The Modernist Movement

Picasso's Portrait of Daniel Henry Kahnweiler 1910

Picasso’s Portrait of Daniel Henry Kahnweiler 1910

“That is what you are. That’s what you all are…All of you young people who served in the war. You are a lost generation” –  Gertrude Stein

One of the major struggles of any artist is how to best process the world around her. Be it through a novel or painting, the artist strives to make sense of what she is perceiving. It is looking back after some years have passed that we are able to see a commonality that exists between various artists and thinkers. The Modernist Movement has intrigued me for many years, and while I’ll get to the details in the near future, I thought it best to provide some context and background first.

The Modernist era runs roughly from the turn of the century until the beginning of World War II. The thing about any sort of movement, be it cultural, artistic, or political, is that it’s tough to pin down exact dates. So, when we say the Modernist period runs from 1900-1940, you have to imagine some years bleeding over on either side. While most scholars agree that the beginnings of Modernism were in the late 1800s, the end date is always a bit tricky. In my mind, however, there is enough of a divide from work produced during the depression and work produced during and after the war to have a (relatively) clear cut division.

Modernism in a nutshell is a reaction to a rapidly changing world. In my mind it was two major world events that best defined the cultural mindset of the Modernist period. The late 1800s brought us the Industrial Revolution,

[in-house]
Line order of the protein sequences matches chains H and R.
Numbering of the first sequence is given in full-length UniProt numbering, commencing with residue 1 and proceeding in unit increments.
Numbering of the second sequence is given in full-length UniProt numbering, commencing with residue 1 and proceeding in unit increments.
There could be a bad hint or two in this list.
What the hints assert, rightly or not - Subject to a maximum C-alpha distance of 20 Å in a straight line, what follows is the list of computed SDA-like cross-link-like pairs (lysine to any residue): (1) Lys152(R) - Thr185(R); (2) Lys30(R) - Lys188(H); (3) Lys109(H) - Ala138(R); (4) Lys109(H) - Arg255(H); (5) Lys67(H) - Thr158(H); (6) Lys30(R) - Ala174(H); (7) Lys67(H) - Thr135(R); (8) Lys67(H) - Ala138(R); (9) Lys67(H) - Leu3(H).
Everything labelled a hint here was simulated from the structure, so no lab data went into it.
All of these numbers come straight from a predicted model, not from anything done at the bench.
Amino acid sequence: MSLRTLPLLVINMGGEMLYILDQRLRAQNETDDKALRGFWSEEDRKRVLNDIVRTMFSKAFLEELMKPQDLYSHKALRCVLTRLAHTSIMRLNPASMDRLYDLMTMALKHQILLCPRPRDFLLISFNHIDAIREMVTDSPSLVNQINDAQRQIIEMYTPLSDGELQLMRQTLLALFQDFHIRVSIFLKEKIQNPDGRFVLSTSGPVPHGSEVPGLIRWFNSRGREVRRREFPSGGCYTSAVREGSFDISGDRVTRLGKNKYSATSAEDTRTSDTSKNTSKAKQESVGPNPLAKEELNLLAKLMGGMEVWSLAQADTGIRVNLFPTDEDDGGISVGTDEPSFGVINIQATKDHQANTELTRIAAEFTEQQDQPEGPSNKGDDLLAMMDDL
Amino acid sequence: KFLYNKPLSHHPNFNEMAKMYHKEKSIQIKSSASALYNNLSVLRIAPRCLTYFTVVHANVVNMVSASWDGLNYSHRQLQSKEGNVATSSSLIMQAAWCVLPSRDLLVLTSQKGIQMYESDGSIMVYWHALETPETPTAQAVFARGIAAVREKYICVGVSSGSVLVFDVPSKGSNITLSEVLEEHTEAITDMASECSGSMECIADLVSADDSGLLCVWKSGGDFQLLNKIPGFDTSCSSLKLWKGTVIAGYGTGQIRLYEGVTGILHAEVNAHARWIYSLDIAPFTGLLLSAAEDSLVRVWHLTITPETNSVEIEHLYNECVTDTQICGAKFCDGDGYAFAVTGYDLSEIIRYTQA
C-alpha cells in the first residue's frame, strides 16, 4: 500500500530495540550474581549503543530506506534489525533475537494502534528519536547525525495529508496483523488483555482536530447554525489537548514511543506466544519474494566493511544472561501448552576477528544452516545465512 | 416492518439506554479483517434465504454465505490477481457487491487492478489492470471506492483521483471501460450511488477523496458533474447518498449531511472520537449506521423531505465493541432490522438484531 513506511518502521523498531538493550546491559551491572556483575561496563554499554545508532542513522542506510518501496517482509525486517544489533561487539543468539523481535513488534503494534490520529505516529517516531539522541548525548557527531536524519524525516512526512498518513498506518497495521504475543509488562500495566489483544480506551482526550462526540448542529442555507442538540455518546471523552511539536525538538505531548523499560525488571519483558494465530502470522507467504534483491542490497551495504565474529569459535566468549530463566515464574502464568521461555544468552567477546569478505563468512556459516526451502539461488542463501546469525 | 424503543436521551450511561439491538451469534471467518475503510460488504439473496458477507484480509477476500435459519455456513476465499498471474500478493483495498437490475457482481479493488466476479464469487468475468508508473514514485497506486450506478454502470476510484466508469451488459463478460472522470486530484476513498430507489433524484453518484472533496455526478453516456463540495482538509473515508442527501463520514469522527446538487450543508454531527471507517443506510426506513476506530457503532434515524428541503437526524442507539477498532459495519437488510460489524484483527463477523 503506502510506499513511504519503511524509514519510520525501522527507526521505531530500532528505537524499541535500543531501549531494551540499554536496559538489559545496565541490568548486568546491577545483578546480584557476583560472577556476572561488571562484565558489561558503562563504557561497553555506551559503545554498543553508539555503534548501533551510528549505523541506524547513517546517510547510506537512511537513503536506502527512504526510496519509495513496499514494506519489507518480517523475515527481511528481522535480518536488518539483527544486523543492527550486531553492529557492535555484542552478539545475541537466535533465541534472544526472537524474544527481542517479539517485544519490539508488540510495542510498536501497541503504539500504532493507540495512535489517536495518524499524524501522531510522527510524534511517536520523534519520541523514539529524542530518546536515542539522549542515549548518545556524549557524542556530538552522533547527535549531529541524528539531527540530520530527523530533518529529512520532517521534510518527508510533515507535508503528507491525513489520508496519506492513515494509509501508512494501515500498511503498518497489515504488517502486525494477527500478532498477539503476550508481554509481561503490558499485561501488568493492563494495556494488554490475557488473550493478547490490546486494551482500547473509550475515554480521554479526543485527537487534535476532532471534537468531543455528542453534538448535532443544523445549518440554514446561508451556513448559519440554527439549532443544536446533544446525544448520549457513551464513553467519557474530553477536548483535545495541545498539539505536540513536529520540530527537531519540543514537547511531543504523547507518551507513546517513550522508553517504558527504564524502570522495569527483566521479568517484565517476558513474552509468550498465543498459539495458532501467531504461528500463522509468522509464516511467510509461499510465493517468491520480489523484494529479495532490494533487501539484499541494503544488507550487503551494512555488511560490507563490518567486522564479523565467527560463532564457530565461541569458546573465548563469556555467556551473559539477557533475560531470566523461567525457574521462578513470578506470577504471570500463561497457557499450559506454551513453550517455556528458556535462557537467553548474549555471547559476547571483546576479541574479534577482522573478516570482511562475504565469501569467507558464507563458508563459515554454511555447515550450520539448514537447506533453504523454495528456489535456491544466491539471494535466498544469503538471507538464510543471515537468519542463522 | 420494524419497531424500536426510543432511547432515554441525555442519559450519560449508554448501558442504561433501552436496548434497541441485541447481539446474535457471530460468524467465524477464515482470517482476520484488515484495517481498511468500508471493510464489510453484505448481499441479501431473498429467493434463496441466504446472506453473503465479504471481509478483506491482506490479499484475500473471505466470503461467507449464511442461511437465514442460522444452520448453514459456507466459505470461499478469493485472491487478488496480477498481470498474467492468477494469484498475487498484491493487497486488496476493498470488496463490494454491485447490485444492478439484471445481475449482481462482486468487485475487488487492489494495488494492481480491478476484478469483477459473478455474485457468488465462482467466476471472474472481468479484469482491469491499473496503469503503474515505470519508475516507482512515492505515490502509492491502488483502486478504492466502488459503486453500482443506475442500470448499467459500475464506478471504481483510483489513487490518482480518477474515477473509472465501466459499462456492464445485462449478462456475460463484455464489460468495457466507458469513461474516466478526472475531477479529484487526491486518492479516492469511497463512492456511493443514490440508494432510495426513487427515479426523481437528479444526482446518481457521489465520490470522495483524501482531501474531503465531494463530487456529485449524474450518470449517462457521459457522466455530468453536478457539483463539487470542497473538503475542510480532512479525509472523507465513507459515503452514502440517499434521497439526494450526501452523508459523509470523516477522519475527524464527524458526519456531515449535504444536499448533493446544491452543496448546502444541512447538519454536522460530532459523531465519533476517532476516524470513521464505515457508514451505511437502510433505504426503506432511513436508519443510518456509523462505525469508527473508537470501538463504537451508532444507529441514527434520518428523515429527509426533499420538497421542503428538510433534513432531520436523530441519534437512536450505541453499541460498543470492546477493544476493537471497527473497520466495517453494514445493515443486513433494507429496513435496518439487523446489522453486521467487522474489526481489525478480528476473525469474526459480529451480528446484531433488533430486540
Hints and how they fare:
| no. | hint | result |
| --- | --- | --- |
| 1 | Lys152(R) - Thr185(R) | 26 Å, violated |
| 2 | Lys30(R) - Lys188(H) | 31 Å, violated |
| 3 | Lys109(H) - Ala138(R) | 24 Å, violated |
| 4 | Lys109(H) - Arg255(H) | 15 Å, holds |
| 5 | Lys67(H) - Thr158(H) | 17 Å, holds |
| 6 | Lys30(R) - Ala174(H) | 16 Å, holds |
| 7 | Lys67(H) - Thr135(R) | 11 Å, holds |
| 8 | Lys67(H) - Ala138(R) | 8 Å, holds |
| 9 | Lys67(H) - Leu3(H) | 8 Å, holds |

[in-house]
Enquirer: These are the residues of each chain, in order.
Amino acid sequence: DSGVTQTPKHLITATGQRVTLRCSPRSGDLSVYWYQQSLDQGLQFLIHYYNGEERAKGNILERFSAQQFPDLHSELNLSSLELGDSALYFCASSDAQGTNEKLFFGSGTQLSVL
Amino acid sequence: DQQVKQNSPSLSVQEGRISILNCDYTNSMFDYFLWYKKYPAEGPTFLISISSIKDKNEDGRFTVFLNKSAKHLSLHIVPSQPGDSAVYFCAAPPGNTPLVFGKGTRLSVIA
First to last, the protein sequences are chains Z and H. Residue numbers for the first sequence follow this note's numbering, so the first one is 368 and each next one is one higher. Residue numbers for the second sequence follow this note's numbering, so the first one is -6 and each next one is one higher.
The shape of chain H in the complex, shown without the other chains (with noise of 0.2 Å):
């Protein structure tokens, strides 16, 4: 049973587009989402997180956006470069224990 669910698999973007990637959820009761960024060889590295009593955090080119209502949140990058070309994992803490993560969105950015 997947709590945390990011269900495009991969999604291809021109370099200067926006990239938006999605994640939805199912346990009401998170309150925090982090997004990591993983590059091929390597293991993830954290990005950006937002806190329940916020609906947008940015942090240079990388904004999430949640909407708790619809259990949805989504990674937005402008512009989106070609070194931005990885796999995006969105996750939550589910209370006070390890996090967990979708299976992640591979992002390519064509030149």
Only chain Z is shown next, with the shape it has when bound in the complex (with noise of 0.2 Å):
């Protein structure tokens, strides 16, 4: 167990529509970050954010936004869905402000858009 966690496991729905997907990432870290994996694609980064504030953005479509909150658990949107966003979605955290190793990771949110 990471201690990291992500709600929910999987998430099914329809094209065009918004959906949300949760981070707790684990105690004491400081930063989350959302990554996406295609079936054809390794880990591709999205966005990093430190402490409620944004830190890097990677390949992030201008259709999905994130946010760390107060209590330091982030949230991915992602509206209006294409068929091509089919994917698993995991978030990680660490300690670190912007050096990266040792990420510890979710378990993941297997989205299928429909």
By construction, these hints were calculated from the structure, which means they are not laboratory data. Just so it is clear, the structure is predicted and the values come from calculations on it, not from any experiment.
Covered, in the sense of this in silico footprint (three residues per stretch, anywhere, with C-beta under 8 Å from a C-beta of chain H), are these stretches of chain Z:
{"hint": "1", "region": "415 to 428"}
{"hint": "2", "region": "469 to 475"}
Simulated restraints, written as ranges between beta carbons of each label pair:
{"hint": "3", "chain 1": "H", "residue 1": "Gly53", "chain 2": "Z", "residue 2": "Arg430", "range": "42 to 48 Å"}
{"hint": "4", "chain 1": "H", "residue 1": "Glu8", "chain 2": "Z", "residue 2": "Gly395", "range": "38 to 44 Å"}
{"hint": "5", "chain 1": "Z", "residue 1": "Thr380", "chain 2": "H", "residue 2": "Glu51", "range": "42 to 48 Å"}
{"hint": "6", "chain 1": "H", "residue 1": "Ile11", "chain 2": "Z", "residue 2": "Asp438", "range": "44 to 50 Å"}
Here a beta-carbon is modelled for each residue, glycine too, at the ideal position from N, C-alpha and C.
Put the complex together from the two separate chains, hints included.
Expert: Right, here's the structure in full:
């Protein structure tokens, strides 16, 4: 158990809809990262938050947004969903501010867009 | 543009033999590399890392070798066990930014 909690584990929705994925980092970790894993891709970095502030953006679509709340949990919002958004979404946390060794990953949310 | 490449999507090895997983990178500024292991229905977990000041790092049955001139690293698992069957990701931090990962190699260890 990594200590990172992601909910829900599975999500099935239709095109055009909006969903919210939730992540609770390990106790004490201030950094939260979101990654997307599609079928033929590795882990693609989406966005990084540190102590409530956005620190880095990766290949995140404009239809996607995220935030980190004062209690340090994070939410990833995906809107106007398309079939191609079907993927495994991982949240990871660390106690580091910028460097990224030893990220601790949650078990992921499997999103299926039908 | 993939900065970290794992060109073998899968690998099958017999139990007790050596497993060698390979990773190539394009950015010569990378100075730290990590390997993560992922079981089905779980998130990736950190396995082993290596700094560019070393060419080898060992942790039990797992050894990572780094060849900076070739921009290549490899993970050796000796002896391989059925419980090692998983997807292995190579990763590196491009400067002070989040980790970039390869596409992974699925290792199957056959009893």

The lack of labor laws during the Industrial Revolution resulted in many children working in horrible unsafe conditions.

The lack of labor laws during the Industrial Revolution resulted in many children working in horrible unsafe conditions.

and early in the new century a host of Western countries were involved in a horrifying World War. Both of these events radically changed the culture and attitudes of the people that lived through them, for both good and ill. The Industrial Revolution enabled more goods to be produced faster than ever, it allowed for quicker modes of transport, and brought more jobs than ever before. It also exposed people to the horrors of an unregulated factory and to the horrible human costs of these products and transport.

While the Industrial Revolution certainly had it’s negatives, it also brought a lot of amazing things to the world that have significantly changed the way we live. It’s hard to find the positives in the First World War, however. Though there were some staggering technological advances (it began with horses pulling guns to the front and ending with tanks and mustard gas) all these marvels were created with one purpose; kill as many people as possible. And kill they did, and in horrible, dirty, and ruthless conditions. One only need read the accounts of Wilfred Owen,

Siegfried Sassoon

Siegfried Sassoon

Siegfried Sassoon, or Erich Maria Remarque to get a very real and visceral idea of the horrors that these young men experienced.

The common thread between these two major world events is that they both brought about radical changes to the world, and, most importantly, how we view ourselves. It was found that we, as humans, are capable of so much and showed the best and worst of what we can be. Coming on the heels of the much more traditional Realism movement, the Modernists began seeing the world as a much more complex place, and humans as far more compelling creatures than ever before. It was in the art, writing, and philosophy that the major figures of the era began grappling with how to best represent this ever changing and far more complex world.

In the coming weeks I’m going to look at several major Modernist figures and their work. I’ll do my best to hit as wide a breadth as possible, from Ernest Hemingway and his Lost Generation to some of the lesser known (yet still vital) artists and thinkers.


The Lost Generation

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